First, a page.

Please note that YOUR_CHOOSEN_PORT can be the value of your choice. But please, respect the following:

  • Don’t forward the port 80 to 80 (yes it is tempting, but really really not a good practice!)
  • Don’t forward to an already used port (such as 53, already used for the DNS service)
  • 0, 1, 2, 3… are not correct port values
  • So, please select a value between 1000 and 4999 (your birth year for example)

In the diagram 2 at the top of this page, you can see that:

  • The external port value 1990 was chosen
  • The OctoPrint server is still accessible locally from the port 5000 (in addition to the port 80)
  • The MJPEG server (video streaming ) is still accessible locally from the port 8080 (in addition to the port 80)
  • To summarize, both of the OctoPrint & MJPEG server are accessible locally from the port 80, but also externally from the port 1990.

4/ Last step, enter these settings in Printoid

screenshot_20170227-113001

Enter in “Distant IP or DNS (WAN)” the WAN IP (Step 1) and in “(port)” the PORT you’ve forwarded to (Step 3)

Enable the “basic auth.” toggle button, and enter in “Username” your USERNAME and in “Password” your PASSWORD. (Step 2)

You can of course work with both LAN and WAN parameters. Printoid will smartly & automatically switch between them when needed.

5/ Optional step, making the distant access protected by the basic authentication only

Please note that this step is:

  • Optional
  • For the advanced users only
  • For those who have installed plugins that don’t support the basic authentication in LAN

The main goal of this part is to request the authentication only when OctoPrint is reached over the Internet, and not when reached locally.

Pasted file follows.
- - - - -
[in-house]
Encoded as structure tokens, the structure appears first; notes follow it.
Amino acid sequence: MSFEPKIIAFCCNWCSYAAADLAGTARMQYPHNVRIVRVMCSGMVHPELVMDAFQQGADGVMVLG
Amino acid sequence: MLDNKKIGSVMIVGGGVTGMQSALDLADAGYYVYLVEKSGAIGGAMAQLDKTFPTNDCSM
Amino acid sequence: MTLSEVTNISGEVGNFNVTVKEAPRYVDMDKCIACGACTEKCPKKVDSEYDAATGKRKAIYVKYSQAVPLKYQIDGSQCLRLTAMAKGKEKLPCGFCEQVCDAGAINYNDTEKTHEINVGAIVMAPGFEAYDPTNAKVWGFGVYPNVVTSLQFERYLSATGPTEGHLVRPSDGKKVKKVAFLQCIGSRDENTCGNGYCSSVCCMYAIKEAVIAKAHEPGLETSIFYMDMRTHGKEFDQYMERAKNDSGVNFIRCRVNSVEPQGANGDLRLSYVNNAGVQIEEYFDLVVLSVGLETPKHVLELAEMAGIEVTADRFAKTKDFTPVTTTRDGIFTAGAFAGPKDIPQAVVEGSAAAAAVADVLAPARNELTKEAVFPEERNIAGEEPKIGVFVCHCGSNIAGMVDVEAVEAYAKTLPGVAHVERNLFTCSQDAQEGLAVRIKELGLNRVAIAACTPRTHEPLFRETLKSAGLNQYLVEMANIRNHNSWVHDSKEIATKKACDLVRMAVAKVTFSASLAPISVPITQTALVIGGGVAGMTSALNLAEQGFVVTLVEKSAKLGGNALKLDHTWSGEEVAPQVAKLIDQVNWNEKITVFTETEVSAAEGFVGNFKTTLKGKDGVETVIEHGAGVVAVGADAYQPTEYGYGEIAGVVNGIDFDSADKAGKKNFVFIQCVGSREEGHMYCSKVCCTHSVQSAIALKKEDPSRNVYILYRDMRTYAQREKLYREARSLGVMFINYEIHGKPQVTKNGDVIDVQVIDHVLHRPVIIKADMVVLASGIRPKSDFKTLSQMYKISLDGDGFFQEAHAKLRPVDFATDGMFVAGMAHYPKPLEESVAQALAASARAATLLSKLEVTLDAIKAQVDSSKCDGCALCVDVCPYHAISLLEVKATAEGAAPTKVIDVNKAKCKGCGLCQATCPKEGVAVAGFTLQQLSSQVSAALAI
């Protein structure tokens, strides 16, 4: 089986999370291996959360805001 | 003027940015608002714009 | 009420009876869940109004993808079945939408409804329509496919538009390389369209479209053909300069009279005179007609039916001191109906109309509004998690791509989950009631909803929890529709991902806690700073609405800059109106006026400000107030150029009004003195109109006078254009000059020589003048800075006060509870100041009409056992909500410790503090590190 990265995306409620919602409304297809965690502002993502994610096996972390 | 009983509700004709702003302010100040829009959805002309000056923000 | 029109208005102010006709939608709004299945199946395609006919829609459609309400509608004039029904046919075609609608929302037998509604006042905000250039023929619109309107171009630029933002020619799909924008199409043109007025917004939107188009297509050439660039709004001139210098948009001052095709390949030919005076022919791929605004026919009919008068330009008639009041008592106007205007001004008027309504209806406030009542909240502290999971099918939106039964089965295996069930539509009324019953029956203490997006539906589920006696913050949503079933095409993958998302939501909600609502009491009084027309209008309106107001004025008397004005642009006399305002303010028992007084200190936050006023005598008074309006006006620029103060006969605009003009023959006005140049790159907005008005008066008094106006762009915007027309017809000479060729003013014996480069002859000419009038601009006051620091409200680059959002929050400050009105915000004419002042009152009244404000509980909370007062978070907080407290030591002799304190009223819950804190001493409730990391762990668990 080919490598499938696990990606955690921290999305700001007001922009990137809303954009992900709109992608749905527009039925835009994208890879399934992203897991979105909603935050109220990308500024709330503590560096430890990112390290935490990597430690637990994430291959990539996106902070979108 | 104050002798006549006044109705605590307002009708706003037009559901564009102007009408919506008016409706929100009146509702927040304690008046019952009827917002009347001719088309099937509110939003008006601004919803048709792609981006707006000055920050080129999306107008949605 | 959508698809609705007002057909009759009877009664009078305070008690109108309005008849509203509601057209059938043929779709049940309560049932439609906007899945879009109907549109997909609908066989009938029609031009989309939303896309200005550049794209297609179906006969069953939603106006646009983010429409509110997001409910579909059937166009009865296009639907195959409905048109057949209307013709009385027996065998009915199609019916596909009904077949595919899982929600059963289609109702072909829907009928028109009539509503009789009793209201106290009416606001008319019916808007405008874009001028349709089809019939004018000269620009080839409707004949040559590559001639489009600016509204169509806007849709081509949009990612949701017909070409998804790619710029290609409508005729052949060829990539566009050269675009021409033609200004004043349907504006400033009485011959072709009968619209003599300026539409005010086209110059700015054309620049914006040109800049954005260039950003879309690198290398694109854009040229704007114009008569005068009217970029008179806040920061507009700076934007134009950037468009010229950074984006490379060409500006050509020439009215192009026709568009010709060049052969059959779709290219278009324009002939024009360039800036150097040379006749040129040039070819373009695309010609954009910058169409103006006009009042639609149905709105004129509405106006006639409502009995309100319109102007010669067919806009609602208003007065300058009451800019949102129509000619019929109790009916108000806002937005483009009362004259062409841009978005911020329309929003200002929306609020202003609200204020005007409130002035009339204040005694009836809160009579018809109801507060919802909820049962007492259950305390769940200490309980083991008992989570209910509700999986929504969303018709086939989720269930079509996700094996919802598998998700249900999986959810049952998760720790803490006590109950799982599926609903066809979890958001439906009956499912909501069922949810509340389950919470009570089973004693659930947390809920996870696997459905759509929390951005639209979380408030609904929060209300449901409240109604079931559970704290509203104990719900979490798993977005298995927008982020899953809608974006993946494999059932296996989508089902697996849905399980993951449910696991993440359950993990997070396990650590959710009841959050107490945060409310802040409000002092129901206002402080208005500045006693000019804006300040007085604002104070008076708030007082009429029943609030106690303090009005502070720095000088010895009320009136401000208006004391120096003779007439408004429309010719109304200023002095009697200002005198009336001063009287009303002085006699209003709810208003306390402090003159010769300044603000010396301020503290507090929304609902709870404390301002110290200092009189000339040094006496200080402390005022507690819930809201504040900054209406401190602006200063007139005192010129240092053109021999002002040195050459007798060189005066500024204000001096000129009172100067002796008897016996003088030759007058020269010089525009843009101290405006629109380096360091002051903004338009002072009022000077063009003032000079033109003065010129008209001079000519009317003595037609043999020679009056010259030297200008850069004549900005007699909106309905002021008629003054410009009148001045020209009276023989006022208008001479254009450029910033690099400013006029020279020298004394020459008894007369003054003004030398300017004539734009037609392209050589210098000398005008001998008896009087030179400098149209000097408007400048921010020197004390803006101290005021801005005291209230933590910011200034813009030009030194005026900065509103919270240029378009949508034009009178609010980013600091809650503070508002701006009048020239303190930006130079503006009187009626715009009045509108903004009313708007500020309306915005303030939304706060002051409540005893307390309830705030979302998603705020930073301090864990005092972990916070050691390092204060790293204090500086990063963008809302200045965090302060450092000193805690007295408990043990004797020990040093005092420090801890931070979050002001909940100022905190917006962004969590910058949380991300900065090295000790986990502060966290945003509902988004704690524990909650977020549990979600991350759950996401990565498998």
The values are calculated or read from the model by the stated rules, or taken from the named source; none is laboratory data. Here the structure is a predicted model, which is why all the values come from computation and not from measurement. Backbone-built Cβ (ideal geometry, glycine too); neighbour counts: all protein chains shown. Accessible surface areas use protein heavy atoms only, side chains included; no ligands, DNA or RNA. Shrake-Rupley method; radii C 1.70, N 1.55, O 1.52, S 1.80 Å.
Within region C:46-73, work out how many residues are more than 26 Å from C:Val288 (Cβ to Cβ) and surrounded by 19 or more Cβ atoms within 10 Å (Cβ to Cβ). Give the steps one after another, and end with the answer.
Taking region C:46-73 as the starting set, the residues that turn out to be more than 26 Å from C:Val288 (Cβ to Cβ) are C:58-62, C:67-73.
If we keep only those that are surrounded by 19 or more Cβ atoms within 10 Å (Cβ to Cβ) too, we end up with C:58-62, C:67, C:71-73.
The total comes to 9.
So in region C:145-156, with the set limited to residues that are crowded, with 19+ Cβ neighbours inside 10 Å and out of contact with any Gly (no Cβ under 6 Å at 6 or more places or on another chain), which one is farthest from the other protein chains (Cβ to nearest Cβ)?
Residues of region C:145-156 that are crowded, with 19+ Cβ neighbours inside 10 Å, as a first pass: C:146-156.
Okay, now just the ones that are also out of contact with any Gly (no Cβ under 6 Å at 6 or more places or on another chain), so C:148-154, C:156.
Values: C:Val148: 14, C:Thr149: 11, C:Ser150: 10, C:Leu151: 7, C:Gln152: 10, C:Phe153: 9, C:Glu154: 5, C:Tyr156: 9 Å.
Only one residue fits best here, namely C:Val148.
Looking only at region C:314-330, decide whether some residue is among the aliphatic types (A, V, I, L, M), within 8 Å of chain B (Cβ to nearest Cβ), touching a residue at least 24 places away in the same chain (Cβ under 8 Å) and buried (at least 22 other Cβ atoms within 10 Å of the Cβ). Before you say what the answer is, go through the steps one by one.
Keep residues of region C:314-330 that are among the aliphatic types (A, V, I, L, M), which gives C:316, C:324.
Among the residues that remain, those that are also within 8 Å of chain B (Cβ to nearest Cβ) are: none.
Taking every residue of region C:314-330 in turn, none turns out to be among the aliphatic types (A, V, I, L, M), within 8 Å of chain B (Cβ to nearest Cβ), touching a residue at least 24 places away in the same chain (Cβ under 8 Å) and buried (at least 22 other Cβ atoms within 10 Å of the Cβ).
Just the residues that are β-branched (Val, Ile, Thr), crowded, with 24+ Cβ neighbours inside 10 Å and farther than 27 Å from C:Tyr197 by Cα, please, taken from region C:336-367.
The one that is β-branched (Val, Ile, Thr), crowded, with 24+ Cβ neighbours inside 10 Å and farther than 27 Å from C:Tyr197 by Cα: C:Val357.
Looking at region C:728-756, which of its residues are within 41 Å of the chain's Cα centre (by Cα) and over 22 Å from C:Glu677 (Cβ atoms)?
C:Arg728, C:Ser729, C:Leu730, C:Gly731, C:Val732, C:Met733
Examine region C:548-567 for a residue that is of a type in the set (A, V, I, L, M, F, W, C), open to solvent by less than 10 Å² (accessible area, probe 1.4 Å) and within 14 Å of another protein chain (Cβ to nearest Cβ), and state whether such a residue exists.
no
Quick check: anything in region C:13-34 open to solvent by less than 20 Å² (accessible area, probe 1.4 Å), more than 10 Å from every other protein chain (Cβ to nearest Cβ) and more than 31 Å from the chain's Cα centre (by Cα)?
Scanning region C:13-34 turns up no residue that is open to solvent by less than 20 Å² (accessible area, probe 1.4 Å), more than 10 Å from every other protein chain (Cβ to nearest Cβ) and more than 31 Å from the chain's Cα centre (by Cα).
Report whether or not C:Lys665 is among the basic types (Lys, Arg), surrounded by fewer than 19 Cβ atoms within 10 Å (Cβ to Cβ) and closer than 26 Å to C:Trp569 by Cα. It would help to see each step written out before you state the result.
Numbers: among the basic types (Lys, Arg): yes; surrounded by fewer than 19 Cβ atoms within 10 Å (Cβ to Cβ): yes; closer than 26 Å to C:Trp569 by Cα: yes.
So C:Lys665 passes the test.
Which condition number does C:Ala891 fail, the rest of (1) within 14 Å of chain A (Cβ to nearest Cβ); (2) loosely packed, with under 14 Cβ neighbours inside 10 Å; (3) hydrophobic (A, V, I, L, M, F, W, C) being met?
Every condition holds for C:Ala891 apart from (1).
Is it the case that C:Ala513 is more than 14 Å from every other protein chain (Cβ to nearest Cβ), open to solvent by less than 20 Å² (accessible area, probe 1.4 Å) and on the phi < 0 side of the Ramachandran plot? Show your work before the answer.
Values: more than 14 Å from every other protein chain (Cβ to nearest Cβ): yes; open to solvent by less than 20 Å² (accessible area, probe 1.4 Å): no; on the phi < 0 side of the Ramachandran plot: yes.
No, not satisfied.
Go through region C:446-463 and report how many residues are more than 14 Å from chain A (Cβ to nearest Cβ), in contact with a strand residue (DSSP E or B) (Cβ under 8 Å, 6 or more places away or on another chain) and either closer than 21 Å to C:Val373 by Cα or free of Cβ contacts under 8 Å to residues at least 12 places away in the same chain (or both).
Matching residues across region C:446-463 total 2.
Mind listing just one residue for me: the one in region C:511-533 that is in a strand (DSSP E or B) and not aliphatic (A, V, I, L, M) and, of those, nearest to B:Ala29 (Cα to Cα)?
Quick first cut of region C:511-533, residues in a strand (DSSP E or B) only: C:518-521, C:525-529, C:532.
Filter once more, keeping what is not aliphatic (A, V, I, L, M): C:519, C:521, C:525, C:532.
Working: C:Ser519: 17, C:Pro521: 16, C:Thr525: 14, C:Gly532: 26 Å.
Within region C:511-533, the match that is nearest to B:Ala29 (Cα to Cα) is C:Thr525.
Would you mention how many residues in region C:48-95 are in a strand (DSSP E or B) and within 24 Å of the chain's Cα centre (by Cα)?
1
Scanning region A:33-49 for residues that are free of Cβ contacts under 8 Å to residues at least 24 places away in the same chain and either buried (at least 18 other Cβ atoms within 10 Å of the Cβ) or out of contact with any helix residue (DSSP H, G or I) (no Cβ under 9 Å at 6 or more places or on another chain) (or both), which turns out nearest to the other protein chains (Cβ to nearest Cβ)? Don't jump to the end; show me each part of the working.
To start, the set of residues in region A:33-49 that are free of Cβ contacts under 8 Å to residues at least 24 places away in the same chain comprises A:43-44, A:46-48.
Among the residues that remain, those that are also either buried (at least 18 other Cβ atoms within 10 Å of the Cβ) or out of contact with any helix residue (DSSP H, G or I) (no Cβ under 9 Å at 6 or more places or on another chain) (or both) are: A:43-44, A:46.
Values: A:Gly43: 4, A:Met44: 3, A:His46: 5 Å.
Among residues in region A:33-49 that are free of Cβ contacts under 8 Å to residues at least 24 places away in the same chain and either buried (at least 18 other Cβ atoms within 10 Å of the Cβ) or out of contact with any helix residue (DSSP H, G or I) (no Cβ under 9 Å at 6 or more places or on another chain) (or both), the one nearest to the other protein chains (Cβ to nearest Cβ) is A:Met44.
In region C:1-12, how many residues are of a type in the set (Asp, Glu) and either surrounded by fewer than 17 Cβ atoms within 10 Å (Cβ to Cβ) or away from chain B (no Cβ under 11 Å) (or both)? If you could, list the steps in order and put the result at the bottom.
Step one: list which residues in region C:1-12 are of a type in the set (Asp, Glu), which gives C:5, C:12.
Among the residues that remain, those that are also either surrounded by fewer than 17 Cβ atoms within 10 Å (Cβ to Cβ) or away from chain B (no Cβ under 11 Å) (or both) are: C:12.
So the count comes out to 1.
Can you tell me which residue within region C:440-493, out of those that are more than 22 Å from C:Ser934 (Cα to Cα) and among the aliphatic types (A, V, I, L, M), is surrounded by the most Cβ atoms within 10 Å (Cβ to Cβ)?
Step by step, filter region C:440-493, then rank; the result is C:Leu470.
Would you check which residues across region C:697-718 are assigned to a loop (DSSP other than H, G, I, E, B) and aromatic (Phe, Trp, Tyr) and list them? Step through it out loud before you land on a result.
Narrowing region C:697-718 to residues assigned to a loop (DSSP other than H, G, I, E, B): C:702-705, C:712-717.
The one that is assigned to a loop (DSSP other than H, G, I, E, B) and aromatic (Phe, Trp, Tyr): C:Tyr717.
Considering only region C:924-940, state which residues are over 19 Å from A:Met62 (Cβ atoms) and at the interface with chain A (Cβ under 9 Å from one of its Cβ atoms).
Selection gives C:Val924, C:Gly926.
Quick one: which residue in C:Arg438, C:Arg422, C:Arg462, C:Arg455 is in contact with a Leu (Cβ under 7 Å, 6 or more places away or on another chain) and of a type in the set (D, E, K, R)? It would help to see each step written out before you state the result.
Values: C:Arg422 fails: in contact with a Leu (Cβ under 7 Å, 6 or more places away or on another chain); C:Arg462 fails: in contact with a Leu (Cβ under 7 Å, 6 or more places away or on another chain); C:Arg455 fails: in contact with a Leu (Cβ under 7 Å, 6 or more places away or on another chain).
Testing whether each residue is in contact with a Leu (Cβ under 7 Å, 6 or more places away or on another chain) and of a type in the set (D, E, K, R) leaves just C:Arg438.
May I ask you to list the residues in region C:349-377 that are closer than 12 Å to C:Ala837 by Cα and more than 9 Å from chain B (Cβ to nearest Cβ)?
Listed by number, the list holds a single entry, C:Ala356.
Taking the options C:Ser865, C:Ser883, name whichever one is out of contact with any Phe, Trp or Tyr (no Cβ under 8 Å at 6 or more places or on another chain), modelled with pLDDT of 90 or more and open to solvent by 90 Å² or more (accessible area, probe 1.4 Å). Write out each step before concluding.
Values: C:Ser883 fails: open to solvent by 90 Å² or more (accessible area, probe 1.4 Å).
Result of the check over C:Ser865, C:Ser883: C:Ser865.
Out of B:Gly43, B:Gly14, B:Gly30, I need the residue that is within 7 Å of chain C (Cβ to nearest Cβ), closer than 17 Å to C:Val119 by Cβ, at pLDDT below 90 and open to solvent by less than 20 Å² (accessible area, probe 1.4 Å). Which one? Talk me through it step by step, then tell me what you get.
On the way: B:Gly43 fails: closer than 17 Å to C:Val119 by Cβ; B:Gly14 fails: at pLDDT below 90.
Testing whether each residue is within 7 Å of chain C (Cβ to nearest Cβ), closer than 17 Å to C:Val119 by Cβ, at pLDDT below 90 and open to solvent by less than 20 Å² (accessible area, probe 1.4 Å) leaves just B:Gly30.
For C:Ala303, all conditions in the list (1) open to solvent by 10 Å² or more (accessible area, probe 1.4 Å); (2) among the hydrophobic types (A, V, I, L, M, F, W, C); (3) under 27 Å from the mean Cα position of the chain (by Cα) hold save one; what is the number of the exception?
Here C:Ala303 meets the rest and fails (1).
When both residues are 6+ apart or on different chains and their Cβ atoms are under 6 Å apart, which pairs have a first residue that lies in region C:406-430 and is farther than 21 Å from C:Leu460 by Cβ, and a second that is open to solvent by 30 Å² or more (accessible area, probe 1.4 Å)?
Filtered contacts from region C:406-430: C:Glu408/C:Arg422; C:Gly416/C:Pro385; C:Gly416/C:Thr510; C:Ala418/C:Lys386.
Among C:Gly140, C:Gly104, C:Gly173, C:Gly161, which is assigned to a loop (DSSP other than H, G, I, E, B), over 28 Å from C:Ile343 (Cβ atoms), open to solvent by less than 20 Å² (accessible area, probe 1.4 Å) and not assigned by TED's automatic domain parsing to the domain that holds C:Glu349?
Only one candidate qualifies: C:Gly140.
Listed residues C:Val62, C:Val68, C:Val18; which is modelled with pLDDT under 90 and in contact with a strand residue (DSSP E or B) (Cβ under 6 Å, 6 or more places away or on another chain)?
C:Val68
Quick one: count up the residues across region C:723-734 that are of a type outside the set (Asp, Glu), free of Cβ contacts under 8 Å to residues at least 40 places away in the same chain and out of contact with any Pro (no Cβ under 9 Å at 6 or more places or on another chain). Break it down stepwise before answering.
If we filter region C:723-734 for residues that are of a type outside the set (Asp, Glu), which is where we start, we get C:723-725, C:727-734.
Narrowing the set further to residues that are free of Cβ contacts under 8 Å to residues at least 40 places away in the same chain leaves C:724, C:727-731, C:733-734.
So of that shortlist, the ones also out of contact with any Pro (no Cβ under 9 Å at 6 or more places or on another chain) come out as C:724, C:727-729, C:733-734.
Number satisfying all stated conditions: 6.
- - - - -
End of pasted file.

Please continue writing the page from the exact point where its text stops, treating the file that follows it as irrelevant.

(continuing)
I will not copy the whole haproxy.cfg file again, so you only have to apply the changes in green.

frontend public
        bind :::80 v4v6
        use_backend webcam if { path_beg /webcam/ }
        use_backend octoprint_unsecure if { hdr_beg(host) -i 192.168 }
        default_backend octoprint
        
backend octoprint
        reqrep ^([^\ :]*)\ /(.*)     \1\ /\2
        option forwardfor
        server octoprint1 127.0.0.1:5000
        acl AuthOkay http_auth(L1)
        http-request auth realm octoprint if !AuthOkay

backend webcam
        reqrep ^([^\ :]*)\ /webcam/(.*)     \1\ /\2
        server webcam1  127.0.0.1:8080

backend octoprint_unsecure 
        reqrep ^([^\ :]*)\ /(.*) \1\ /\2
        option forwardfor
        server octoprint1 127.0.0.1:5000
        acl needs_scheme req.hdr_cnt(X-Scheme) eq 0
        reqadd X-Scheme:\ https if needs_scheme { ssl_fc }
        reqadd X-Scheme:\ http if needs_scheme !{ ssl_fc }

userlist L1
        group G1
        user USERNAME insecure-password PASSWORD groups G1

 


(Tutorials written with the help of the Foosel’s github. Special thanks to Teo for the 5th step!)